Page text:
How to Calculate W2 Wages From Pay Stub
Filing your taxes can be a tedious chore if you're not familiar with the process. However, all of the information you need for your W2 is located directly on your pay stub. You can easily locate this information to know approximately how much your tax return will be. Read on if you're interested in learning about how to calculate W2 wages.
Determine Your Taxable Income
You can find the year to date totals on your most recent paycheck. For better accuracy, get this information from the last paycheck of the year. Also, make sure that you're not using the number for the most recent pay period. You'll want the total of all the wages that you've earned that year. This amount may need to be adjusted if you have any deductions that are excluded from taxable income.
These types of deductions will include:
- 401(K) deductions
- Premiums for health insurance
- Premiums for group life insurance
- Vision and dental insurance premiums
- Dependent care reimbursement accounts
You will subtract any of these items from your gross taxable wages. The number you come to should match the number you see in Box 1 on your W2 when you receive it. You'll take these same steps when figuring out your state taxable income. Should this information be incorrect, you may need to reach out to your company's payroll department for an explanation.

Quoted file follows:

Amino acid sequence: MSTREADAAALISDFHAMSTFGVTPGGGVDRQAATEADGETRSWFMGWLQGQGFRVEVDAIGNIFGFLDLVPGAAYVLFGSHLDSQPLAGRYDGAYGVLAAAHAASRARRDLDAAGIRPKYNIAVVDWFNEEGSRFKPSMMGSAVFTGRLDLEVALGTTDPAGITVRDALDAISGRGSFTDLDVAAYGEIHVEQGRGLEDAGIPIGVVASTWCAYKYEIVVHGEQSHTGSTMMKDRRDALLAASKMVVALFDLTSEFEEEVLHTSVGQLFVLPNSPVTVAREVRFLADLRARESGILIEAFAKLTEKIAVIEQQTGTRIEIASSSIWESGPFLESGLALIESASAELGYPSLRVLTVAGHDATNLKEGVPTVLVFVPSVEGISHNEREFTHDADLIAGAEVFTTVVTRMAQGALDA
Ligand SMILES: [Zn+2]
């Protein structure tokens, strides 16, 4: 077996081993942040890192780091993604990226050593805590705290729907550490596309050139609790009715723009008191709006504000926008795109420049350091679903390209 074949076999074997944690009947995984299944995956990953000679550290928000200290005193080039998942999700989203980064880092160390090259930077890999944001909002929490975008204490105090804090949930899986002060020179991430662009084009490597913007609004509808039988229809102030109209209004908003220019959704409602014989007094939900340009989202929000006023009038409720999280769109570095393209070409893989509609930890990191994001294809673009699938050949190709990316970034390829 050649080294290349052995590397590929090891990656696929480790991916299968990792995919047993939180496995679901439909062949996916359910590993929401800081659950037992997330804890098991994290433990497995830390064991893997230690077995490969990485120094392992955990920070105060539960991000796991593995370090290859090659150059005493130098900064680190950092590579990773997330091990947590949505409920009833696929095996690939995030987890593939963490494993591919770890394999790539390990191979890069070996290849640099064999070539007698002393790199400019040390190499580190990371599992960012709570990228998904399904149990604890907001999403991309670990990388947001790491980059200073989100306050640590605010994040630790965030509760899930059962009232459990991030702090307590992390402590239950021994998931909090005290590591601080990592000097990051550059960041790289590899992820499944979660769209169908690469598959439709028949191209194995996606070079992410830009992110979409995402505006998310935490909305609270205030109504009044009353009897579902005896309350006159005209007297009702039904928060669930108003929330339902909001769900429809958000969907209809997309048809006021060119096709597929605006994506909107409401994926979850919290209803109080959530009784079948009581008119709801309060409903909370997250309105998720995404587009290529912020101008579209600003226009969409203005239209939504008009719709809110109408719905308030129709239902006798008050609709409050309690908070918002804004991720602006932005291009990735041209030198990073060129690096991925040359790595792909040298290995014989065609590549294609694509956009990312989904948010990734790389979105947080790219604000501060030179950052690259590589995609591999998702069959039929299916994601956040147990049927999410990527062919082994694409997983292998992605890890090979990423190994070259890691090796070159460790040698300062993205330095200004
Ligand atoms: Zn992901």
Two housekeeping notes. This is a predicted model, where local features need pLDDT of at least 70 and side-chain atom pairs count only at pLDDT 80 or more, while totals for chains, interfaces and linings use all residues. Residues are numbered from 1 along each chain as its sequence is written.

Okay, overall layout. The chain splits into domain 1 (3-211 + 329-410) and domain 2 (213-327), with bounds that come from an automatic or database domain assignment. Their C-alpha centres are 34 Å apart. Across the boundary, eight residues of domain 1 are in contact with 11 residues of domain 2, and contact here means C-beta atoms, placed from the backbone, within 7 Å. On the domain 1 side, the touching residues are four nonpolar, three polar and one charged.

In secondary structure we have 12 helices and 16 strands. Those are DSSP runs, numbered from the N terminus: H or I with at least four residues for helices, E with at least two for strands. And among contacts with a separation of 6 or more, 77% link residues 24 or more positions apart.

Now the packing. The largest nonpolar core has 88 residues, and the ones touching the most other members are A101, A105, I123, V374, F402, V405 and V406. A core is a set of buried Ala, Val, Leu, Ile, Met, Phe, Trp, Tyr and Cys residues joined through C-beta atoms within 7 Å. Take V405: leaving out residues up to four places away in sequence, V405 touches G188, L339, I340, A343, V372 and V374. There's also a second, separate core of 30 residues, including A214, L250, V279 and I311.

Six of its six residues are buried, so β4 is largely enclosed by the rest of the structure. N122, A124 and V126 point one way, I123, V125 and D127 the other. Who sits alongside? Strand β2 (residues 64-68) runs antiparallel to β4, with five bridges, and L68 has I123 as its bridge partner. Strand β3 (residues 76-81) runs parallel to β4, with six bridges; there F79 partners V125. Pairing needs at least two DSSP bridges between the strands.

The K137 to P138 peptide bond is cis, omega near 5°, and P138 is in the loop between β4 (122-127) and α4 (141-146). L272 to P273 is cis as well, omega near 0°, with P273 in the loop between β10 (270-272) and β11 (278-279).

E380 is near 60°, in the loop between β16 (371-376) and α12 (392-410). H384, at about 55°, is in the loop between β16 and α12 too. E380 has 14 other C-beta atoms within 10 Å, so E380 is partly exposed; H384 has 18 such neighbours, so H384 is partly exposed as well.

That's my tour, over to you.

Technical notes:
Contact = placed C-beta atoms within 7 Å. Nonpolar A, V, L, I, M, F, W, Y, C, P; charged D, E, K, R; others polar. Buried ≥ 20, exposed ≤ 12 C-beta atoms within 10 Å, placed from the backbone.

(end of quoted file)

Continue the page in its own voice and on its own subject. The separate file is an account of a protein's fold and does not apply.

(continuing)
Calculate Medicare and Social Security Taxable Wages
Calculating your W2 wages for Medicare and Social Security taxable wages is similar to finding your taxable income. However, there is a maximum amount of wages that is taxable for social security tax. For any wages earned during the year of 2017, this is capped at $127,200. You'll start by looking at your most recent pay stub. Look at the gross taxable income for the year to date. You will take this number and subtract any pre-tax deductions. These pre-tax deductions will be similar to your federal and state wages. However, they are not identical. Pre-tax deductions for medicare and social security taxes will include:
- Insurance premiums (medical, dental, or vision insurance)
- Life insurance premiums up to $50,000 in life insurance coverage
Also, remember to deduct any employer paid benefits that you may have received throughout the year.
Things to Note When Calculating Your W2 Wages
Tax time can be a bit confusing for the average American. It's not always cut and dry. Each tax return will depend on your personal exemptions and expenses throughout the year. You should note that when you're using your pay stub to calculate W2 wages this is only an estimate. When figuring out your federal and state taxable income, you're essentially using your gross pay and removing your pre-tax deductions. But these numbers could differ based on your specific situation. You may have additional personal exemptions that should be included.If you are still having trouble figuring out your taxable income, you should reach out to a professional or your local HR for more information.
Have you recently figured out your W2 wages with just your pay stub? Let us know in the comments!